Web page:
Story tips from the Department of Energy’s Oak Ridge National Laboratory, February 2016
BATTERIES – Hybrid packs power …
Batteries for grid and stationary applications could get a boost with an approach that uses inexpensive and plentiful aluminum and lithium-containing cathodes to increase capacity, cycling performance and safety. The hybrid battery, developed by researchers at Oak Ridge National Laboratory, uses aluminum as the anode – a negative electrode – instead of lithium or graphite. It also uses a new cell design that dramatically reduces the problem of corrosion caused by the strong acidic nature of electrolytes. The result of this work, published in the journal Chemical Communications, is a battery that potentially offers alternative energy storage devices for multiple applications at a lower cost. The paper is available at http://pubs.rsc.org/en/content/articlelanding/2016/cc/c5cc09019a#!divAbstract. [Contact: Ron Walli, (865) 576-0226; [email protected]]
Cutline: ORNL's new battery design holds significant promise for grid and stationary power storage.
COMPUTING – Meeting of minds …
Oak Ridge National Laboratory will play host this summer to researchers whose goal is to design computers that combine the best of human and machine. ORNL's Neuromorphic Computing Workshop is expected to attract participants from Department of Energy labs, universities and industry and will help chart a course to address the White House grand challenge to develop and transform computing as we know it. Katie Schuman, a Liane Russell Post-Doc Fellow and one of the conference organizers, noted that the focus is on emerging neuromorphic architectures that allow for computing flexibility, on-line system learning and understanding. "While our end goal is to develop computers that are inspired by the way the brain operates, our near-term goal is to write and scale programs that will enable upcoming supercomputers to simulate the behaviors of neuromorphic systems," said Schuman, a member of the lab's Intelligent Computing Research Team. [Contact: Ron Walli, (865) 576-0226; [email protected]]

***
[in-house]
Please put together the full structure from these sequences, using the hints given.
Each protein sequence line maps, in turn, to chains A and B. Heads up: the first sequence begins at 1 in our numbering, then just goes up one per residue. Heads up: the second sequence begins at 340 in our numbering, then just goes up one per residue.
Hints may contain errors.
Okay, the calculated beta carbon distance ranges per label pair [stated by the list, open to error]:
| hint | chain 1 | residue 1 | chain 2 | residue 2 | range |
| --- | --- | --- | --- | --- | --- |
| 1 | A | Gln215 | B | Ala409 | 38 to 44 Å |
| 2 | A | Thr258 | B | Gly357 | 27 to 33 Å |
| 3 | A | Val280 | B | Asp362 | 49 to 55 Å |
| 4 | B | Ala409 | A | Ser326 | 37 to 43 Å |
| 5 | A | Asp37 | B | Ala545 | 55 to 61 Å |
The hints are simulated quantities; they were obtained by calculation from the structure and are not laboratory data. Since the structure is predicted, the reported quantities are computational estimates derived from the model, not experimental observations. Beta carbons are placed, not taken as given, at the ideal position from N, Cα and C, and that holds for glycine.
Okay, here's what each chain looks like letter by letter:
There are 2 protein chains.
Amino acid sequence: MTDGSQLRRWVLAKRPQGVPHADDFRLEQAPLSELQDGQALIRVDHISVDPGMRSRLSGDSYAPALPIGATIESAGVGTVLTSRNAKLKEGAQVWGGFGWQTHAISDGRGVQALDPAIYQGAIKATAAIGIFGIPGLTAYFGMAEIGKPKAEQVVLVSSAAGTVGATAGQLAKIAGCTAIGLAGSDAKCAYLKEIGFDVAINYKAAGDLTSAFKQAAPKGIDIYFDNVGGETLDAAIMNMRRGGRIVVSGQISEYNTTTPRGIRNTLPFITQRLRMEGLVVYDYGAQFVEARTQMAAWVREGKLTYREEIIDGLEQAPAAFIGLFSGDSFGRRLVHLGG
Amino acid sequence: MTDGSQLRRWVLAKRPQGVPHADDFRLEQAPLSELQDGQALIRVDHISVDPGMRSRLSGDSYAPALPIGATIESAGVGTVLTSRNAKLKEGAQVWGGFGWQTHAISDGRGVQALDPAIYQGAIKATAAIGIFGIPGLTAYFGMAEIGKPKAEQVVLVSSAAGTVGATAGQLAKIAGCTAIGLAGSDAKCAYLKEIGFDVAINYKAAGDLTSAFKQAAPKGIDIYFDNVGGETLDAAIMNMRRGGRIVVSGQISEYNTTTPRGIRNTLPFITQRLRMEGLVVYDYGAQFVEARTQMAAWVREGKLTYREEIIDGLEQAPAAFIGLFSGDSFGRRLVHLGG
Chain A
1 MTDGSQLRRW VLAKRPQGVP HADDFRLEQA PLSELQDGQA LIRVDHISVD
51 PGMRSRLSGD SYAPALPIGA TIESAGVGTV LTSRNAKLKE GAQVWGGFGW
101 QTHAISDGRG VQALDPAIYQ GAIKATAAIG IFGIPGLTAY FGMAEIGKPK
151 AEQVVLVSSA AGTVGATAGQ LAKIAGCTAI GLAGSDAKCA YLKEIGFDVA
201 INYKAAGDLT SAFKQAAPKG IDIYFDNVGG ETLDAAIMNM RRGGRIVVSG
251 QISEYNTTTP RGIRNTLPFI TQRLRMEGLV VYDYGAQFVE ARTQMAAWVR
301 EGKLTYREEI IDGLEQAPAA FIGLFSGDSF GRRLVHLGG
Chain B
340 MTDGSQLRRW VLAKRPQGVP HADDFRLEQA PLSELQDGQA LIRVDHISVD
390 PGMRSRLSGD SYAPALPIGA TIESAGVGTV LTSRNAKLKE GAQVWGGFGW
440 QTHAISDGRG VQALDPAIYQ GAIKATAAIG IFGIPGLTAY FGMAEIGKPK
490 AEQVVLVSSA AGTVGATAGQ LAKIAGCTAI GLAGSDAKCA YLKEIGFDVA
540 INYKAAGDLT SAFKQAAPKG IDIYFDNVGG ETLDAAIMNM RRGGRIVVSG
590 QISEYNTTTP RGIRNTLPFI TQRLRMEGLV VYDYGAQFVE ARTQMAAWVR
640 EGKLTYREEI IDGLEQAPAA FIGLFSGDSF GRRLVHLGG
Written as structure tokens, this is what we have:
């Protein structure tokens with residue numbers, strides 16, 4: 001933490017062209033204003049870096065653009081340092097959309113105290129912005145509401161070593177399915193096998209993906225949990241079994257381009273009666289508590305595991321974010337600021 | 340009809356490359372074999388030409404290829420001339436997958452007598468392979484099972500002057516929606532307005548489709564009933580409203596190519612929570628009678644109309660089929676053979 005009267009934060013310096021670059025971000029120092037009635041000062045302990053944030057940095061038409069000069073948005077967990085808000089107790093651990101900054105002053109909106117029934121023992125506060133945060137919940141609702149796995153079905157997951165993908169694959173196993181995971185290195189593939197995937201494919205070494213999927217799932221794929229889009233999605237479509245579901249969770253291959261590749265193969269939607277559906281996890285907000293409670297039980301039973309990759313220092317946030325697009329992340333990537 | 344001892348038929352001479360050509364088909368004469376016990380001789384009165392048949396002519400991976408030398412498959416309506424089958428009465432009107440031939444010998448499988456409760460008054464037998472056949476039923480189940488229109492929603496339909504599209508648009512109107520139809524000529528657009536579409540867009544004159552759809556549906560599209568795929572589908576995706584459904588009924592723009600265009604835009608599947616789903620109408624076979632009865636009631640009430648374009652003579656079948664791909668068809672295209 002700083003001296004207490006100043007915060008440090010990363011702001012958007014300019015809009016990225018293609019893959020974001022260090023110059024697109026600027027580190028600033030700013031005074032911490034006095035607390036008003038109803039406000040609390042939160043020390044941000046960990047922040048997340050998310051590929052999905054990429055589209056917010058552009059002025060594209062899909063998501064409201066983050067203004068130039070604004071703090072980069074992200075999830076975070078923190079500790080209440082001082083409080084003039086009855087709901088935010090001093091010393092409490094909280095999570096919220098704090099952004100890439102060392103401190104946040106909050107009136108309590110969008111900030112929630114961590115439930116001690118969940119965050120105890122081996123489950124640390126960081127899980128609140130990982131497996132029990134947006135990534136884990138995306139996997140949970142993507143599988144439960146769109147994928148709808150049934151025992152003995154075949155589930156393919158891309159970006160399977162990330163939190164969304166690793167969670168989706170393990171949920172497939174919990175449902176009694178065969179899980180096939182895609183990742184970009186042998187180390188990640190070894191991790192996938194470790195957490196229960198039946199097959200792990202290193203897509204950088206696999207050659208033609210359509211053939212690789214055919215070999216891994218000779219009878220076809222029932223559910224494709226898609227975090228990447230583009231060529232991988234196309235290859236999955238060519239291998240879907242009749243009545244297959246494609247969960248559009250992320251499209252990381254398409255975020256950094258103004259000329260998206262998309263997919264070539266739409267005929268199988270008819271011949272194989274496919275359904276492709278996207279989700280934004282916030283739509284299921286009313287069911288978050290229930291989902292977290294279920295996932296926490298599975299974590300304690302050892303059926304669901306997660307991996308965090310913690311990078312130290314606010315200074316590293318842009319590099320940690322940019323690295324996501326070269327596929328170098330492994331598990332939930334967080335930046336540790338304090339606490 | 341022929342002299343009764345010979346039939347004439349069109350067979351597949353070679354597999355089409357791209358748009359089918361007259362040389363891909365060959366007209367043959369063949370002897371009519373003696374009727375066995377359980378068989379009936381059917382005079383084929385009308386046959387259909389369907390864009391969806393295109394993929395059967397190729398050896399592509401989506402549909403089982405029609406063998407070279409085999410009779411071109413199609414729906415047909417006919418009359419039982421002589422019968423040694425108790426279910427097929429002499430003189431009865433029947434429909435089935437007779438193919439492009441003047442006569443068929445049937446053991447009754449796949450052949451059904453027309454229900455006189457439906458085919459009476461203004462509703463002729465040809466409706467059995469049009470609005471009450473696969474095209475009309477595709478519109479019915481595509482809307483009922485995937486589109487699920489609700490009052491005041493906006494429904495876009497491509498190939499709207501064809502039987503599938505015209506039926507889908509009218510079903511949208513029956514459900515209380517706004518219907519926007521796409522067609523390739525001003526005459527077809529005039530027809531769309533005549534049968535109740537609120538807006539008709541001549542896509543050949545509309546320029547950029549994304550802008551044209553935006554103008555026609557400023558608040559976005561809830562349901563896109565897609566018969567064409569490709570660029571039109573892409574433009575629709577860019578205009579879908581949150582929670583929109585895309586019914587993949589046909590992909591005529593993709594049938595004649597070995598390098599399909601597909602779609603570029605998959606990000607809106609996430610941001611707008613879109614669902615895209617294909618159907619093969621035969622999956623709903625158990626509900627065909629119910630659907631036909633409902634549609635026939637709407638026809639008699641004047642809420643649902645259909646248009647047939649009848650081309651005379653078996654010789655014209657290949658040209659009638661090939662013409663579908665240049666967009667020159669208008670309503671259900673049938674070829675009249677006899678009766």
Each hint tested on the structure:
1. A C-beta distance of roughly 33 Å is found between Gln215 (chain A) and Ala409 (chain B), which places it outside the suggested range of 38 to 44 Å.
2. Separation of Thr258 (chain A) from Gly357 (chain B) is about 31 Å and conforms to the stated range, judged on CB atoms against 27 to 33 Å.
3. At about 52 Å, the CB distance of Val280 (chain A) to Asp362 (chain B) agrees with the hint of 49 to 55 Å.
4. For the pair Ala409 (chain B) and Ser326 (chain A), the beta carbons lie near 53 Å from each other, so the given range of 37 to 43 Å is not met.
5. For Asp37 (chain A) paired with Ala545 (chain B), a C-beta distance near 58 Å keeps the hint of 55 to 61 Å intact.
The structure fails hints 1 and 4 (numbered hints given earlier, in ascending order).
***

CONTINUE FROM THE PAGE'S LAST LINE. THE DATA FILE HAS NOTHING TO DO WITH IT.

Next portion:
Cutline: A neuromorphic, or brain-like, network reading and recognizing a handwritten number.
MATERIALS – Cleaner biomass cookstoves …
Some of the estimated 4 million premature deaths each year attributed to indoor cookstove smoke might be prevented because of the work of researchers at Oak Ridge National Laboratory, Colorado State University and Envirofit International. With 3 billion people in developing countries using open fire cookstoves, the need is great for durable, low-cost corrosion-resistant materials that also enable a stove to burn cleaner, said ORNL's Mike Brady, who has led alloy design efforts for the team since this work began in 2007. The team is now reporting a new alloy (iron-chromium-silicon base) that shows early promise for better corrosion resistance than the current state-of-the-art alloys (iron-chromium-aluminum) at lower cost. The team is also publishing corrosion test methods, data and mitigation approaches for next-generation cookstove combustor materials that can be used by cookstove manufacturers to design more durable, better-performing cookstoves. This work was presented recently at the Engineers in Technical and Humanitarian Opportunities of Service conference in Kirkland, Washington. [Contact: Ron Walli, (865) 576-0226; [email protected]]
Cutline: With just a few small sticks, Envirofit International's M-5000 Wood clean cookstove can boil water in seven minutes. Two-thirds of the company's 1 million stoves sold used alloys developed by the research team.
ENERGY – Critical materials, critical role …